I n-Fig.2 there is illustrated/another form .of the present-invention. In this f Qr n, 'the nonstructionof the sled is the same asJthat described in connection with the embodiment 10f the invention shown inFig. 1;exceptf or the formation of the rearrunner ends and -the connection thereof'to the side rails. ,Asshown fin Fig. 2, the rearwardly extending end -portions bf the runners (the runner I6 being,the.-only one shown) are not only upturned butara generally arcuately bent and extend forwardly of the sled. This brand is so formed that the runners terminate immediately adjacent and beneath the end portion of the rearwardly, extendin partofthe side rails. The bend of'the runner I6 ,to so terminate adjacent the. side rail I2 is illustrated in-Fig. ,Zand" the runner I'Iis similarly bent ,to terminate adjacent the side rail I'3,.al,though..it is not expressly illustrated'in Fig. 2. The portion of the runners 16 and I! thus positioned are then respectively fastened to the rearwardly extending ends of theside rails I2 and I3Wby suitable fastening elements, such .as; the rivets 24. It Will therefore be understood-that this construction shown in Fig. 2 also elminates sharp extending runner endsrinasmuch as the extending runner ends.

not bent in any direction at their extending rear end portions. In this modification of the invention, there is utilized a bent metallic piece 25 which is secured to the extremity of the rearwardly projecting end of the runner IE as by rivets or other fastening elements in the manner indicated in Fig. 3. In this regard, the metallic piece 25 may possess a 'slot adapted to fit over the upwardly projecting ridge portion of the runner I6. However, this metallic piece 25 is positioned at the extremity of the runner l6 and covers or protects the sharp projecting end thereof. This bent metallic piece 25 extends generally upwardly and forwardly of the sled and terminates within a slot 26 formed in the rearwardly extending end portion of the side rail l2. This terminal part of the metal piece 25 is secured in the slot 29 by anysuitable means. For instance, the pin or rivet shown in 21 may be employed. It will be readily understood that the metallic bent piece 25 serves as a guard or protecting means for the sharp rearwardly extending end of the runner 15. It will also be readily understood that the runner 17, although not shown in Fig. 3 is provided with a metallic piece similar to the piece 25. This metallic piece connects the extremity of the runner l1 to the side rail It, also not shown, in the same manner described immediately above in connection with the runner is and side rail l2.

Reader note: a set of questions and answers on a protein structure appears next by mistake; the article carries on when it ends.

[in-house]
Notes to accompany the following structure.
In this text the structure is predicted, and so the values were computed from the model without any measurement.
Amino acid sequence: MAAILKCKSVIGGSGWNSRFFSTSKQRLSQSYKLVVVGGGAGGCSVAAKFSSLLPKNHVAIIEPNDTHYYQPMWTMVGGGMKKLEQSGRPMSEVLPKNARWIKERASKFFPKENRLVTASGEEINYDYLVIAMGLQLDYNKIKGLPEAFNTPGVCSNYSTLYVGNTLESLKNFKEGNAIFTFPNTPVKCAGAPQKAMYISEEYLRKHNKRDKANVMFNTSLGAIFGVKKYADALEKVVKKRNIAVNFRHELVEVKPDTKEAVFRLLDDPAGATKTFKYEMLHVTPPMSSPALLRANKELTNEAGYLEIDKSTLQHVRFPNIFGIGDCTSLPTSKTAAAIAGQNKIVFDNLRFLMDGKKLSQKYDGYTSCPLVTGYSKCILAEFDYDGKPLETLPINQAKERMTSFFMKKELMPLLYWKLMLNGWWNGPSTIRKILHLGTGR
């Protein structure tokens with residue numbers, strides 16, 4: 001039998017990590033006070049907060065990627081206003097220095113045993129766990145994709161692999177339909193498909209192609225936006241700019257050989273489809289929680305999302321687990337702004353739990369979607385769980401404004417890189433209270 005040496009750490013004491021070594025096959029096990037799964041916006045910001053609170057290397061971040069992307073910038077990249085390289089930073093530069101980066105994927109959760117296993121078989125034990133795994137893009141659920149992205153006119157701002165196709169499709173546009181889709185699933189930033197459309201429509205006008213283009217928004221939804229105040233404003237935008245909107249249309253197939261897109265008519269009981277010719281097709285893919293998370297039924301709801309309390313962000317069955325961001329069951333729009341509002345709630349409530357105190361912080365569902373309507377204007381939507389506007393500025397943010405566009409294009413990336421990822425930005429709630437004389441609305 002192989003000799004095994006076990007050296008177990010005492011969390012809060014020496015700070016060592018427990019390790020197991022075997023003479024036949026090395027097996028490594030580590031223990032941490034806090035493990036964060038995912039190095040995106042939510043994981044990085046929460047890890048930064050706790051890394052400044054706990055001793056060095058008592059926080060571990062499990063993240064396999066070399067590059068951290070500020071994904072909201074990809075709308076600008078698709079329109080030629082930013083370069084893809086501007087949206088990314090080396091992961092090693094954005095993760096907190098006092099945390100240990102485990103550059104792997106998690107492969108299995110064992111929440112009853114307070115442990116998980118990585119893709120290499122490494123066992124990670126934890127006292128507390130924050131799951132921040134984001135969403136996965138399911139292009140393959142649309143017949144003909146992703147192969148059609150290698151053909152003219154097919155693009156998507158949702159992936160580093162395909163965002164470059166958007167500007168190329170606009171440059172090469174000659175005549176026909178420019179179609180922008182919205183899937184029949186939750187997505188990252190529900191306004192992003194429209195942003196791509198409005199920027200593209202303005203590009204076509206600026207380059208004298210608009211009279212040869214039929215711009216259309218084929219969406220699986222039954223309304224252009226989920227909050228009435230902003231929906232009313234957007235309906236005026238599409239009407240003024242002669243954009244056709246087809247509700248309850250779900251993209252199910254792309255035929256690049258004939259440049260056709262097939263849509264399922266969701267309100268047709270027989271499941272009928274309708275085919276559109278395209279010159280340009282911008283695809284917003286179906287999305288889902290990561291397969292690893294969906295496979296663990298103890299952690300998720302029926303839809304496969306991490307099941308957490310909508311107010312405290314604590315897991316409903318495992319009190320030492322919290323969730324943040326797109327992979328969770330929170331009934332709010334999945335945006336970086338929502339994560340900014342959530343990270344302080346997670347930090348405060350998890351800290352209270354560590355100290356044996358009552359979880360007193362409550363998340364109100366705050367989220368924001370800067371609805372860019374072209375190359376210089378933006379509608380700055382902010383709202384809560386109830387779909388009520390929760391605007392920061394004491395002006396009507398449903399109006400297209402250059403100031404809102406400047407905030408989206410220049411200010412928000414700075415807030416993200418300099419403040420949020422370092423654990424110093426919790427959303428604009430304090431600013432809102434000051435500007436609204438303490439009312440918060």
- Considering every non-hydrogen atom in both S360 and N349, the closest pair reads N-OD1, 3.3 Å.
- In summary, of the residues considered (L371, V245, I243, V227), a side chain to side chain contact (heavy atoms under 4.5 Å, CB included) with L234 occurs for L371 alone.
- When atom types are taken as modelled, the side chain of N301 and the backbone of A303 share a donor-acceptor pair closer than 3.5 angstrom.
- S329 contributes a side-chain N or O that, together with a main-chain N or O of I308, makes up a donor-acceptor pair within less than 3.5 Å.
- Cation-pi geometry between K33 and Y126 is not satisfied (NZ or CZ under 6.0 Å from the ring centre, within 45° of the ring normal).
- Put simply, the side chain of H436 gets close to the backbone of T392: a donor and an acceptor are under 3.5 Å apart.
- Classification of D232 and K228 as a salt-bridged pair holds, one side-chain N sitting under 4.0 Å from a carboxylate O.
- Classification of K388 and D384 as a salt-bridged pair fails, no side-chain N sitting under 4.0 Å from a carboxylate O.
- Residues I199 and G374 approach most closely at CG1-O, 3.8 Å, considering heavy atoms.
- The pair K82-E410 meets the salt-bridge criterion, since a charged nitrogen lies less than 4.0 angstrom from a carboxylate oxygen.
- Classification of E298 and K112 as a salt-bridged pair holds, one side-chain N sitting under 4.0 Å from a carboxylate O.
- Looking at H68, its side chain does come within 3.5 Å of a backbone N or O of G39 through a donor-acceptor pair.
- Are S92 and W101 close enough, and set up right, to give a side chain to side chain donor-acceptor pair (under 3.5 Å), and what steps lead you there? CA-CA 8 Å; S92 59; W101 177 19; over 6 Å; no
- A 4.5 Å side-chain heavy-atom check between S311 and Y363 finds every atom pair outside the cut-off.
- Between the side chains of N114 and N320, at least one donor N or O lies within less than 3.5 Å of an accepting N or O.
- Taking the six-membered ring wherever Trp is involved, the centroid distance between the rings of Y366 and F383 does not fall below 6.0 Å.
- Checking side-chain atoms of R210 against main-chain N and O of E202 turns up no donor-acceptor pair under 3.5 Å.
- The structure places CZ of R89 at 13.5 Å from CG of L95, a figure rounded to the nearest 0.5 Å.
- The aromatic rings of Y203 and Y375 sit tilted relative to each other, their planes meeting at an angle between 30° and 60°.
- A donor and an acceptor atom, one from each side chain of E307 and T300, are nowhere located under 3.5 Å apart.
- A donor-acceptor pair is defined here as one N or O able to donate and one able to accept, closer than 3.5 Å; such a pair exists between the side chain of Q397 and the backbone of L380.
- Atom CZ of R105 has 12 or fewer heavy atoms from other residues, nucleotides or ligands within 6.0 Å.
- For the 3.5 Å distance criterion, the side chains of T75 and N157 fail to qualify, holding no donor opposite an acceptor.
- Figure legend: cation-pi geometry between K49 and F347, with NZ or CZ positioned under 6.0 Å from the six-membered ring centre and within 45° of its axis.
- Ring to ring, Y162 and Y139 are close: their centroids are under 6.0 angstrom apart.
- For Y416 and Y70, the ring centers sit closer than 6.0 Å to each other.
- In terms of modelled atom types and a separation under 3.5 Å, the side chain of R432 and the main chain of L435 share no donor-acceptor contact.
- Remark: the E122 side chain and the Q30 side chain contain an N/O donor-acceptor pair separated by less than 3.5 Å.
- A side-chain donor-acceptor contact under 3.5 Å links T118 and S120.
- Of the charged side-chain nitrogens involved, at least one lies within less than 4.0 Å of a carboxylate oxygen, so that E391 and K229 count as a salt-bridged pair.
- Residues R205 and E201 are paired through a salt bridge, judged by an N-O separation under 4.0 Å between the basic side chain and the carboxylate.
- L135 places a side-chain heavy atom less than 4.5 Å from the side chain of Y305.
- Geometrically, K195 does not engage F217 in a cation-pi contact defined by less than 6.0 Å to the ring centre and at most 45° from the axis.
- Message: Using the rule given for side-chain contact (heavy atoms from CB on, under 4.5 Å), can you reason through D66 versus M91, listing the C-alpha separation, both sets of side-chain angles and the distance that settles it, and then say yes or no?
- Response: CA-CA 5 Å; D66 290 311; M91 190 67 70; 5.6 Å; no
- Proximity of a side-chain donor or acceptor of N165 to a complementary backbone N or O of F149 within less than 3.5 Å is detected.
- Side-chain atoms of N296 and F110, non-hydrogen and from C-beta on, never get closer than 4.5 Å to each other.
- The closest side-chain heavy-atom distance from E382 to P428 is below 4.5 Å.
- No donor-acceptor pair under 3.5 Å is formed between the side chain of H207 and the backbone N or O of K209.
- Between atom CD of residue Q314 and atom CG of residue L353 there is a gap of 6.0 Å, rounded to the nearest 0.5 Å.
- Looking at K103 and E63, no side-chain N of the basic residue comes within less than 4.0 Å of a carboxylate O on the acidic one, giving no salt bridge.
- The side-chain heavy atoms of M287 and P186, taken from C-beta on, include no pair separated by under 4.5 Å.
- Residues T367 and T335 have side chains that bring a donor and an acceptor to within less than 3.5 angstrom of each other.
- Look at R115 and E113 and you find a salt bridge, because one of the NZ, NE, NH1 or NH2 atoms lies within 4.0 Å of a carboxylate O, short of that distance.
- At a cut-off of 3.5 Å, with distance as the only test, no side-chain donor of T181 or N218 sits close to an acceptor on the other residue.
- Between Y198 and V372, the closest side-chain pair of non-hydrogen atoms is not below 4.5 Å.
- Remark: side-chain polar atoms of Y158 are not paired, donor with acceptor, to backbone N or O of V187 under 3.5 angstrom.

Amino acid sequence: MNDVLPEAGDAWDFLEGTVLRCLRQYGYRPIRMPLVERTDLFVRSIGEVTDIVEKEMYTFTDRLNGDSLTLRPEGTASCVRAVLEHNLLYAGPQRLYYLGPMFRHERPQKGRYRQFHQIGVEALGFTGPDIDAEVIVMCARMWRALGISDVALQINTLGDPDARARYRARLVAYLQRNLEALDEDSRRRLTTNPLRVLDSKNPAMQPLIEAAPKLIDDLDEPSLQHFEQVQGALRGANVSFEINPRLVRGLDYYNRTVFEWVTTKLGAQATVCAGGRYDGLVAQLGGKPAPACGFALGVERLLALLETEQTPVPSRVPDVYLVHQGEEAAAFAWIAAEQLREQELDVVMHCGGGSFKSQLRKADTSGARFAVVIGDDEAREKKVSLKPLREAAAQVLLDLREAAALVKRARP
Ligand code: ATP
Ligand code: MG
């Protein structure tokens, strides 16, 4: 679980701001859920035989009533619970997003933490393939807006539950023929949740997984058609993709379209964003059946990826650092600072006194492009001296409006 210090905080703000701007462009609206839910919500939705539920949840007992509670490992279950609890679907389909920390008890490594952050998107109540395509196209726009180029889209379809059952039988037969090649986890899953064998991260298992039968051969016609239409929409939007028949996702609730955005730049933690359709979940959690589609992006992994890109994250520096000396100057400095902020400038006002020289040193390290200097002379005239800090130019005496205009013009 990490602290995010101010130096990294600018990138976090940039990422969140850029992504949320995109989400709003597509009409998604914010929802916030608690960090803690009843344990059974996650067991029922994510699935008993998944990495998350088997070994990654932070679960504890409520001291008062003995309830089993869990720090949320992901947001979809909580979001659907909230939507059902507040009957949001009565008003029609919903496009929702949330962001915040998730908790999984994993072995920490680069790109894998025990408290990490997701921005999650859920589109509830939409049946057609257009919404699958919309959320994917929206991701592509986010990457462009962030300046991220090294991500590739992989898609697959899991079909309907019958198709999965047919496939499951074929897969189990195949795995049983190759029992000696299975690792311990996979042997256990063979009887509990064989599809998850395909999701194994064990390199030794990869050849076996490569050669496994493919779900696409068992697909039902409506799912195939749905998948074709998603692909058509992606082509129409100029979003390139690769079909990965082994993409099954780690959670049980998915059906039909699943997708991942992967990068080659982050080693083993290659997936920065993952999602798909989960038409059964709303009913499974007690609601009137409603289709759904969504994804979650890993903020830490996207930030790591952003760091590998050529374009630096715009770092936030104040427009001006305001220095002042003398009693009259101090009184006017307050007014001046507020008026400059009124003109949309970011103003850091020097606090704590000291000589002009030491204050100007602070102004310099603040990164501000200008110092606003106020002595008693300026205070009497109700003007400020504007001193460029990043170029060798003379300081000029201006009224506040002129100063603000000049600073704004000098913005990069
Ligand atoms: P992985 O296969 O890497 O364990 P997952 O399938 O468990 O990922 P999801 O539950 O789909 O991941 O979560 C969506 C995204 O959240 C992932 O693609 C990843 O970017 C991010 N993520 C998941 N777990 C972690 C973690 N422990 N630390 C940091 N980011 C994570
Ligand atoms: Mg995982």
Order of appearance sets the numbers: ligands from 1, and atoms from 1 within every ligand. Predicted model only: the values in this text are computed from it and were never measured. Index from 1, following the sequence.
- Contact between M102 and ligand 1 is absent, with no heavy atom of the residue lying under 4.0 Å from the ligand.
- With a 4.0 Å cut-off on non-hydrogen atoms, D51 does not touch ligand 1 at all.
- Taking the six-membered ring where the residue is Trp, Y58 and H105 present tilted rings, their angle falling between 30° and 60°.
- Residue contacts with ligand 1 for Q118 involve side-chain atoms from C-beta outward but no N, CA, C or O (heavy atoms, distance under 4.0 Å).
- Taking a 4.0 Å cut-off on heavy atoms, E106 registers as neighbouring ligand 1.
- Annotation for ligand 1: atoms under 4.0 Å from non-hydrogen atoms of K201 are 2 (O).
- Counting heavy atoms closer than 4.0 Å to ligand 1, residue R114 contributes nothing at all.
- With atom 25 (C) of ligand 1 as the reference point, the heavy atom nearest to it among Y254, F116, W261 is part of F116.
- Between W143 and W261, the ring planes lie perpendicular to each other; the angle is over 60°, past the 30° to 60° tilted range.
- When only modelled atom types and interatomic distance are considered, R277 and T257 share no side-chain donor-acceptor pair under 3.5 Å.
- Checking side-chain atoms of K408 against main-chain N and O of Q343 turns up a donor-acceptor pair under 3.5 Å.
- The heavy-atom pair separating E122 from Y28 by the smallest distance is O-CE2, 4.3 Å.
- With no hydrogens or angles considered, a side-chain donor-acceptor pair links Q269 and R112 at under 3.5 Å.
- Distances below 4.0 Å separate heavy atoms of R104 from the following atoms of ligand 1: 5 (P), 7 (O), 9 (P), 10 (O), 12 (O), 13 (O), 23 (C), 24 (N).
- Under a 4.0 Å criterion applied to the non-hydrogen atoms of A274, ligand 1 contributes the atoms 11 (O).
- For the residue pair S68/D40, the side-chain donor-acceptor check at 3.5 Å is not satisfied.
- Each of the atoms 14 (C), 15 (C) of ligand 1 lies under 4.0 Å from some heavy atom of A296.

In Fig. 4 there is illustrated a further modification of the invention. As there shownfthe rear knee I9 is provided with a generally rearwardly and downwardly extending leg 3| which terminates in an end part possessing a slot fitted over the upwardly projecting ridge of the runner l6. This leg 94 may be secured to the runner at that point by any suitable means, such as 'the rivet illustrated in Fig. 4. It will be noted that the extremity of the leg 3: extends over and covers the extremity of the runner l6; and thereby provides guard means protecting the user of the sled from the injury through contact with the sharp end of the runner It. A rear knee of similar construction may be employed to the runner i5 is inserted in the slot in the downwardly bent part 32 of the side rail, and the runner and rail are held in this assembled relation by any suitable means, such as the rivet or pin 33.

However, any suitable fastening means may be utilized for this purpose. Also, it is preferable to provide an annulus or ring 3 3 surrounding the downturned portion 32 of the side rail 12 at the connection between the rail and the runner It. This ring 3*? reinforces and strengthens the wooden side rail at that point, and tends to prevent splitting of the side rail. In view of the connection between the upturned portion 29 of the runner it and the downturned portion 32 of the side rail l2, it is apparent that the end of the runner I 5 is covered by the said downturned portion 32 and is thereby guarded. Accordingly, the user of the sled is not subject to the risk of injury due to sharp extending ends of the runner 55. Of course, the runner it can be protected in an entirely similar way.

In view of the foregoing, it will be appreciated that my invention provides a simple, inexpensive but effective guard mean for the runner ends of sleds, which means may be utilized with a minimum of changes in conventional sled structures, and which may be utilized to protect straightended or Lip-bent runner ends. Thus, my invention is adapted for widespread use on newly fabricated sleds or may be added to prefabricated sleds to protect children from the painful cuts or injuries heretofore too often sustained by them because of accidental bodily contact with the sharp projecting rear runner ends of conventional sleds.

I claim:

A sled construction comprising a top deck having a transverse bolster, a pair of side rails extending along the sides of said deck and. terminating in rearwardly extending ends, said rails being positioned respectively on the opposite ends of said transverse bolster, a pair of runners under lying said rails and being connected to said deck one end telescoped over one of the rearwardly extending endsof said rails and its other end telescoped over the upturned free end of the corresponding underlying runner, and means securing each of said rails and its respective guard member to the said transverse bolster.

MAX A. HOLBROOK.

REFERENCES CITED The following references are of record in the file of this patent:

UNITED STATES PA'IENTS Number Name Date 742,485 Perry Oct. 27, 1903 1,722,012 Michilli July 23, 1929 2,183,638 Bowen et a1 Dec. 19, 1939 2,233,012 I-Iolbrook Feb. 25, 1941 2,289,426 I-Iolbrook July 14, 1942 FOREIGN PATENTS Number 1 Country Date 85,550 Austria Sept. 10, 1921

Patent Citations
Cited PatentFiling datePublication dateApplicantTitle
US742485 *Mar 11, 1903Oct 27, 1903Edgar PerrySleigh-runner.
US1722012 *Aug 10, 1926Jul 23, 1929Fausto MichilliSled
US2183638 *Dec 30, 1936Dec 19, 1939 Title not available
US2233012 *Apr 26, 1938Feb 25, 1941S L WingCoasting sled
US2289426 *May 21, 1940Jul 14, 1942Holbrook Max ACoasting sled
AT85550B * Title not available
Referenced by
Citing PatentFiling datePublication dateApplicantTitle
US3026119 *May 20, 1960Mar 20, 1962Charles Bauer RoyTip guard for skate blades
US3101957 *Mar 22, 1961Aug 27, 1963Snyder Gerald MSkate guard
US6773021Nov 8, 2001Aug 10, 2004The Burton CorporationSliding device
US6866273Dec 8, 2000Mar 15, 2005The Burton CorporationSliding device
Classifications
U.S. Classification280/22, 280/900
International ClassificationB62B13/00
Cooperative ClassificationB62B13/00, Y10S280/90
European ClassificationB62B13/00